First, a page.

A South Korean government agency said that working at a Samsung Electronics factory caused the breast cancer of a worker who died earlier this year, only the second time it has recognized a link between cancer and Samsung's chip plants.
TV viewing could soon sound a little calmer. The CALM Act, which limits the volume of TV commercials, goes into effect. The act is designed to prevent TV commercials from blaring at louder volumes than the program content they accompany.
Verizon Communications said it has transferred $7.5 billion in pension obligations to Prudential Insurance after a retiree association failed to convince a court to stop the move. Members of the Association of BellTel Retirees sued to stop the deal.
The back and forth between Dish Network and Sprint continued, as Dish Network submitted an ex parte filing that blasts Sprint's suggestion that the FCC do more to protect the H-block from being interfered with by Dish's AWS-4 spectrum.
The cost of Cablevision’s video and voice services will remain the same, and the price increase doesn’t apply to subscribers who are currently part of a promotional package, but the new pricing will go into effect once a customer’s promotion ends.
Google is reportedly closing up its auction for Motorola Mobility’s Home unit, with Arris, Pace and Technicolor among the list of prospective suitors. The last round of bids were due, although the deadline could be extended, according to one of the sources.
In the ongoing drama surrounding Dish Network's AWS-4 spectrum, the CTIA in a filing said there is no need for the adoption of GPS-specific technical requirements in the Federal Communications Commission's final rules on Dish Network's holdings.
The companies involved are Comcast, DirecTV, Dish Network, Time Warner Cable, Cox Communications, Verizon, Charter Communications, AT&T, Cablevision, Bright House Networks and CenturyLink, as well as manufacturers Cisco, Motorola Mobility, EchoStar Technologies and Arris.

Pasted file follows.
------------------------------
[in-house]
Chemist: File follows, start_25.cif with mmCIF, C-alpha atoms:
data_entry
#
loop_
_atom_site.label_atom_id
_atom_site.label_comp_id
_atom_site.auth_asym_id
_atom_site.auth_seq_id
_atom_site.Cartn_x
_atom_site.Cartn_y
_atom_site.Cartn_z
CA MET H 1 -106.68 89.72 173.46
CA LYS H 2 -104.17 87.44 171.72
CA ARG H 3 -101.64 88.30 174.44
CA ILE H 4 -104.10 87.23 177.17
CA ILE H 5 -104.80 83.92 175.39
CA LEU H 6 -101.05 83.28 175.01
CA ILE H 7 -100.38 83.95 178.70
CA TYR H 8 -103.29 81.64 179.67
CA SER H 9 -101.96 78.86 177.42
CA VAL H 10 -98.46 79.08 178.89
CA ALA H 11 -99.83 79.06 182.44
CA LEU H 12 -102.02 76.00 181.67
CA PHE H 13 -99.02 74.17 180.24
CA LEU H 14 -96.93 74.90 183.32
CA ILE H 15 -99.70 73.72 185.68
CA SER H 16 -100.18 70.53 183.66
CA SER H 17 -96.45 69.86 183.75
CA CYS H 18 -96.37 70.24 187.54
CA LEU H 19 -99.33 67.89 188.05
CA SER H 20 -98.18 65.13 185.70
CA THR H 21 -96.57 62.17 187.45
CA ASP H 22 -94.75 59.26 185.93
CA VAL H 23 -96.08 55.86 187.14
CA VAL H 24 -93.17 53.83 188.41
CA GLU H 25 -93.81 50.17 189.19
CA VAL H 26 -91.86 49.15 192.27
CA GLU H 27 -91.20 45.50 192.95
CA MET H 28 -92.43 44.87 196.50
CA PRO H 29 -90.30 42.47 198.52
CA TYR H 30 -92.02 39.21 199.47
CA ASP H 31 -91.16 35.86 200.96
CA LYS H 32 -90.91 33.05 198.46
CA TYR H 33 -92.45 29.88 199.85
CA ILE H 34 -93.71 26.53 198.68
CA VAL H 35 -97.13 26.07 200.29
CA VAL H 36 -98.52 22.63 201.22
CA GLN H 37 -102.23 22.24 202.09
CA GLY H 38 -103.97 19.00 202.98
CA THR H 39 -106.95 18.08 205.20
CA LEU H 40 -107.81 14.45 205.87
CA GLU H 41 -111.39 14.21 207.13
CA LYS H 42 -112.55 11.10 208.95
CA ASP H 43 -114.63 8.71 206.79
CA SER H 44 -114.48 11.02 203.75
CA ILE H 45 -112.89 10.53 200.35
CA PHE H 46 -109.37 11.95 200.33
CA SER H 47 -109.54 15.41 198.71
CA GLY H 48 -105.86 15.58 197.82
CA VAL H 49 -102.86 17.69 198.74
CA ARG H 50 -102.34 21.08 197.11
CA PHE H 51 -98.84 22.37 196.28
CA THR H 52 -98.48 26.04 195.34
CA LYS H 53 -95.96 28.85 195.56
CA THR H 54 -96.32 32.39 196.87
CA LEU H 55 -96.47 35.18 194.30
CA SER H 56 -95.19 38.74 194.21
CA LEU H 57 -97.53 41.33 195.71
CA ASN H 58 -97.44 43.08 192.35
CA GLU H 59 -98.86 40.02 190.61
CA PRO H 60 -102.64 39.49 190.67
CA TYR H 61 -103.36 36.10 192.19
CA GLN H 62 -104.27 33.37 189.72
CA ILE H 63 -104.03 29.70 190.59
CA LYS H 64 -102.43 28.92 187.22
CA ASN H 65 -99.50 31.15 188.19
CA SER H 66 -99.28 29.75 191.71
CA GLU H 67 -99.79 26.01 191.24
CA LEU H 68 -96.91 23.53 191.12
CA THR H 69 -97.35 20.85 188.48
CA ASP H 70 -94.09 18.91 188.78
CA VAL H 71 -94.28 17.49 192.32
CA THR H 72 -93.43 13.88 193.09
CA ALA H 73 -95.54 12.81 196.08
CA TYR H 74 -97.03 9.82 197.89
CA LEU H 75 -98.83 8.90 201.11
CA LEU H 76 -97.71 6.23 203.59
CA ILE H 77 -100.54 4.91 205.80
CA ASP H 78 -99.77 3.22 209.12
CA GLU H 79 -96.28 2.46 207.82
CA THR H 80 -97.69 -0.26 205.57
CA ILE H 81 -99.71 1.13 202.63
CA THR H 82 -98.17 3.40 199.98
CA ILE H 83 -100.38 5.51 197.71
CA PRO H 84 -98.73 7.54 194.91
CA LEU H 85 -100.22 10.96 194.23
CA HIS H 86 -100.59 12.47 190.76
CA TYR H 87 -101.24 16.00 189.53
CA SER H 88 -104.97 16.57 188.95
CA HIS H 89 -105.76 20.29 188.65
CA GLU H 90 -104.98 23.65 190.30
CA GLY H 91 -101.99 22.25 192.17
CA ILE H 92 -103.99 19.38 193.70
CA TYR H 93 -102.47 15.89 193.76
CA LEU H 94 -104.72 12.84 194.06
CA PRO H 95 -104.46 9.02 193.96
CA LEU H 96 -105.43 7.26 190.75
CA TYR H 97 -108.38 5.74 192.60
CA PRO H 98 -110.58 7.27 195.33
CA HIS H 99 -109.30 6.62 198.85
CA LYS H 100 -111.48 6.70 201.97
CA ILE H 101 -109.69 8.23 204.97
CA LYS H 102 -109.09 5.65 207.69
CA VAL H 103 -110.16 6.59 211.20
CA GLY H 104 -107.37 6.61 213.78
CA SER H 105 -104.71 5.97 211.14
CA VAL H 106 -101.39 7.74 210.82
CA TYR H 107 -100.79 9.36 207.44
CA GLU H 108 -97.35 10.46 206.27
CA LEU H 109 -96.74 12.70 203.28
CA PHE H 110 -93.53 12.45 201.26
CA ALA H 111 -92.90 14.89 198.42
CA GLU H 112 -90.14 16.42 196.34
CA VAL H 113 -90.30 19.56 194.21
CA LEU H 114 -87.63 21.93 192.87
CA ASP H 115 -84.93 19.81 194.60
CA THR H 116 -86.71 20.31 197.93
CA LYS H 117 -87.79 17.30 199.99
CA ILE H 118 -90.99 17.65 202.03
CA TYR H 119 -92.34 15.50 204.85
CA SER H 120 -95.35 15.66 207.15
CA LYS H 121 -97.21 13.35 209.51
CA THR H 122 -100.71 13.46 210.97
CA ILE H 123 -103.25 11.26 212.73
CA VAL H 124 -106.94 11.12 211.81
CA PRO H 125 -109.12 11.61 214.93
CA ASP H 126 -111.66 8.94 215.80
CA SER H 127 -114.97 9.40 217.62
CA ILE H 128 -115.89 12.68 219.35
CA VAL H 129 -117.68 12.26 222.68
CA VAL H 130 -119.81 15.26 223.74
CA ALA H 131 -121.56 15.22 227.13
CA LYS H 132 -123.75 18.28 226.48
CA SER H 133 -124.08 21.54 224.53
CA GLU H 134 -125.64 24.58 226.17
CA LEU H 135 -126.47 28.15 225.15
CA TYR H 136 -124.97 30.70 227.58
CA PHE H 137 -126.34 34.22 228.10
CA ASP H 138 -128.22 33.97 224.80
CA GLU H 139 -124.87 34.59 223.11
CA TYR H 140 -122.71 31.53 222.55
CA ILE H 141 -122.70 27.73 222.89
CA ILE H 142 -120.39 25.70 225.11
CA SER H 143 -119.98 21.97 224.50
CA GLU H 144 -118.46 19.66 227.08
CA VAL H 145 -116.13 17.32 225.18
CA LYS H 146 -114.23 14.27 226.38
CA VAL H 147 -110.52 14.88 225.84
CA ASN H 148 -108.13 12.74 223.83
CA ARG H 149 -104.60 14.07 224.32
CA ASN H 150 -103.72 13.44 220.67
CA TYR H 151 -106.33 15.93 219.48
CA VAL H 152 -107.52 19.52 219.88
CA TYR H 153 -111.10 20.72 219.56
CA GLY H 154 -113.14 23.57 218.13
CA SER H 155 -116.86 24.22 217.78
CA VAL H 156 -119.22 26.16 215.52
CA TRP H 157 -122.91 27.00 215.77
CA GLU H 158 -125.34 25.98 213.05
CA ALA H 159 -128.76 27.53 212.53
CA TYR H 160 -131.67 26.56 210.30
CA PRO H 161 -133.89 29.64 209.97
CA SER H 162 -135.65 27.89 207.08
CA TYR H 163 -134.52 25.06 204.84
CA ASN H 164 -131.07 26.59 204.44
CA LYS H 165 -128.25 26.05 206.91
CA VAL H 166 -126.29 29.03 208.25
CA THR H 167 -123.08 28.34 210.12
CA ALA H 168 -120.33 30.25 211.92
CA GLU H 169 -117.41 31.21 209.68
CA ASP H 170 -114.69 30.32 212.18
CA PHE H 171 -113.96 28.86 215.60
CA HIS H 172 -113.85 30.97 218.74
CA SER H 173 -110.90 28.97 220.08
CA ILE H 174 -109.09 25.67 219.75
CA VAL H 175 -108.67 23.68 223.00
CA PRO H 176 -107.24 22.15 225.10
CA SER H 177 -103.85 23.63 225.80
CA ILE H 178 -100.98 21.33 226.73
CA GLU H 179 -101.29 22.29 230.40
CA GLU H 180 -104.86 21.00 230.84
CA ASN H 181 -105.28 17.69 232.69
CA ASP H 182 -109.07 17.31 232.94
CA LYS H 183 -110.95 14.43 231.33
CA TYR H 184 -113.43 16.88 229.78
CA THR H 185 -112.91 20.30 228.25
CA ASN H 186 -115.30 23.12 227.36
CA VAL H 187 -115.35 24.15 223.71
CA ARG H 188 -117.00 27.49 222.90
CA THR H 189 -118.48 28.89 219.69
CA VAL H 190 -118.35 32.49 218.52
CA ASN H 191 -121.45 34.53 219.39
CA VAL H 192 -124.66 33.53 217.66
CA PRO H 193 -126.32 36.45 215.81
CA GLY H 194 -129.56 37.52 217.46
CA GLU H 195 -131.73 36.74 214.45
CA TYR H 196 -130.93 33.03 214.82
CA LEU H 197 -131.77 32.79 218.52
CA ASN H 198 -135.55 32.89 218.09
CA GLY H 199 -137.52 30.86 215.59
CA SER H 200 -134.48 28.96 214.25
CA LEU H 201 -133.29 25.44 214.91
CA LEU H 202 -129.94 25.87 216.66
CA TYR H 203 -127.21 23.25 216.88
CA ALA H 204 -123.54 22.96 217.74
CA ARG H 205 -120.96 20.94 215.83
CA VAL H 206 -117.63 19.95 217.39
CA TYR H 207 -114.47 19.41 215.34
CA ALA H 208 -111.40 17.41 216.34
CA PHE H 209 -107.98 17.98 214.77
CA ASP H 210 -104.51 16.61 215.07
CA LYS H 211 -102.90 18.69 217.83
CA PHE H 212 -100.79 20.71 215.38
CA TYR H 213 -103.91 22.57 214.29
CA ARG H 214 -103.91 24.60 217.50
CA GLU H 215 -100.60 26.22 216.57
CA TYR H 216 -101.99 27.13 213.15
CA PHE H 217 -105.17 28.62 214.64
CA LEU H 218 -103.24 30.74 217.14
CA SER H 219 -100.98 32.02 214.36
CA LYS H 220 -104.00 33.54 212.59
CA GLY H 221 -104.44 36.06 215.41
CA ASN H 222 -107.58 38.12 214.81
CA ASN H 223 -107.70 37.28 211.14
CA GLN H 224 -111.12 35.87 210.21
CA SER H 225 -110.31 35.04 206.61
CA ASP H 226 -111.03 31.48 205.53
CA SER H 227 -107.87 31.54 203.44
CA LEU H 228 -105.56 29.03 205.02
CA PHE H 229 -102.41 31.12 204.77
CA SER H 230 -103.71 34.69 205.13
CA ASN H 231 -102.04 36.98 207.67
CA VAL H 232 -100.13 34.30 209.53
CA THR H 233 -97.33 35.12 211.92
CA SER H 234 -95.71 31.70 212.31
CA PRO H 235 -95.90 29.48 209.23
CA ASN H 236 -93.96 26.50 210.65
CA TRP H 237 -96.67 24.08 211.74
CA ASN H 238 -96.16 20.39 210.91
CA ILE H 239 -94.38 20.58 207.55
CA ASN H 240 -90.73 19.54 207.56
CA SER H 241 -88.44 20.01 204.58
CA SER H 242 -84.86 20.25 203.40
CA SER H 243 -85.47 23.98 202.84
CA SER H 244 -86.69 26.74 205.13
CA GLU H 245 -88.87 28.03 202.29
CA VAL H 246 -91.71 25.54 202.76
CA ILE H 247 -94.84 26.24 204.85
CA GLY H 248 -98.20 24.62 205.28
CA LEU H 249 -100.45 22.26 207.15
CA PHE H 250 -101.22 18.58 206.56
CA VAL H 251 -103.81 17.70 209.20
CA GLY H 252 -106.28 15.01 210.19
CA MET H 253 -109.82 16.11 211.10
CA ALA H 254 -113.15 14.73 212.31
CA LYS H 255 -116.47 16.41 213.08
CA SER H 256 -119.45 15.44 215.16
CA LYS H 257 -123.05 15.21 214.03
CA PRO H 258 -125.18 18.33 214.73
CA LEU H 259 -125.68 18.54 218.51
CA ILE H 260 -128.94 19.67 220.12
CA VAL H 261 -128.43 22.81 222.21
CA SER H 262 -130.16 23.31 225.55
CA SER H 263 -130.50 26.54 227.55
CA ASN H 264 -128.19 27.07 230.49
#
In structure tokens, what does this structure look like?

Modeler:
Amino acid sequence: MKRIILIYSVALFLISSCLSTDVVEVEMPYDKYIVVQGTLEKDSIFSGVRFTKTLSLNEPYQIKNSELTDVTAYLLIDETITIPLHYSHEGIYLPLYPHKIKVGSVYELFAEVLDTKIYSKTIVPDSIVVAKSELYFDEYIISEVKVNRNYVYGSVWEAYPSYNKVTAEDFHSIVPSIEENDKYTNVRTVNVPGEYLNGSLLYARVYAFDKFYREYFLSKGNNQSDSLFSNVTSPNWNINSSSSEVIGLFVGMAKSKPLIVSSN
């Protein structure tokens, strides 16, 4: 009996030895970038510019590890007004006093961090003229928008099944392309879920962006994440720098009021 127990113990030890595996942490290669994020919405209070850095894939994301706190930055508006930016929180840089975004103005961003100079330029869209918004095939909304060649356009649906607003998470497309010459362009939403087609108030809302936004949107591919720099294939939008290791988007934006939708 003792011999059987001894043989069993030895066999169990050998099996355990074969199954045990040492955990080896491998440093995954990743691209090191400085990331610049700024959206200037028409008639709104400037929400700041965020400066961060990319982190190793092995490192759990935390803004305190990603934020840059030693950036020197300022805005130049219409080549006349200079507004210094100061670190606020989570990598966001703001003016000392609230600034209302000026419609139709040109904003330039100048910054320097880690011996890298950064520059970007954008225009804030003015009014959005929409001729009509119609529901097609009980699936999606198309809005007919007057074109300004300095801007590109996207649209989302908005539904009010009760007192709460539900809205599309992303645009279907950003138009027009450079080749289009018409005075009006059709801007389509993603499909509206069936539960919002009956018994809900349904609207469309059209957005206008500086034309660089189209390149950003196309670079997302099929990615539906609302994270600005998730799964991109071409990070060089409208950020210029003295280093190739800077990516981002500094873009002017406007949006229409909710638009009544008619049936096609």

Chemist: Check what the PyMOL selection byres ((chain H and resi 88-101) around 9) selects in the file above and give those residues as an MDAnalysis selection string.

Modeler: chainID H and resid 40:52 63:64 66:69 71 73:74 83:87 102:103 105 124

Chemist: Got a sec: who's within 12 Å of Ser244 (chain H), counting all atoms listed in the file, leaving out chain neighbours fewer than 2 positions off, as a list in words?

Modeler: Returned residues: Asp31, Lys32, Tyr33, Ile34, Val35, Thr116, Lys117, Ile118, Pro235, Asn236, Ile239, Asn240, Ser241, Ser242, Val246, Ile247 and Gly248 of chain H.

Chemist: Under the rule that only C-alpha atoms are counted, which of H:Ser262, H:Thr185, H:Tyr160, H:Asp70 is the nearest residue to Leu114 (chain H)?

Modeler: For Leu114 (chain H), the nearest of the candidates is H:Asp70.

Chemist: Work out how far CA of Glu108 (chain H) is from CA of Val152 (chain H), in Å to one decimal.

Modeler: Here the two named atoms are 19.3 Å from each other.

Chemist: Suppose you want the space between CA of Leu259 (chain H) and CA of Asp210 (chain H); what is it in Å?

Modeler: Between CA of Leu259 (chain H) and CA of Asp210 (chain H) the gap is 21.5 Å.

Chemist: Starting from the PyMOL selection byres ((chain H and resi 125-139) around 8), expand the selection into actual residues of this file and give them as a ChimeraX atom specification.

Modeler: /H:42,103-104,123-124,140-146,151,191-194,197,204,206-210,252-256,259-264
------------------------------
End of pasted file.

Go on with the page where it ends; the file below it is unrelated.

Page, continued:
Dish Network says it's willing to accept a 5 MHz guard band on its AWS spectrum that would protect the H-block from interference. In a filing with the FCC, Dish said it recognizes that the Commission desires to retain flexibility in the future use of the H-block.
A three-judge panel ruled that the FCC had the legal authority to issue the "data roaming rule." The rule requires big wireless carriers to open their data networks to smaller regional operators in places where they don't have their own systems.
American envoys say they are working with other nations on a proposal to drop all discussions on possible Internet regulations from a U.N. telecommunications conference in Dubai. The U.S. is leading calls to reject possible new codes on the ’Net by the ITU.
A start-up company trying to defend the legality of how it sends live TV programming to laptop computers, iPhones and other mobile devices encountered a skeptical appeals court panel. Three judges of the 2nd U.S. Circuit Court of Appeals seemed poised to reverse a lower court judge.
Verizon retirees have sued the phone company because it's planning to transfer the responsibility of paying their pensions to an insurance company, where they will have weaker legal protection. The deal effectively turns the company's defined-benefit pensions into annuities.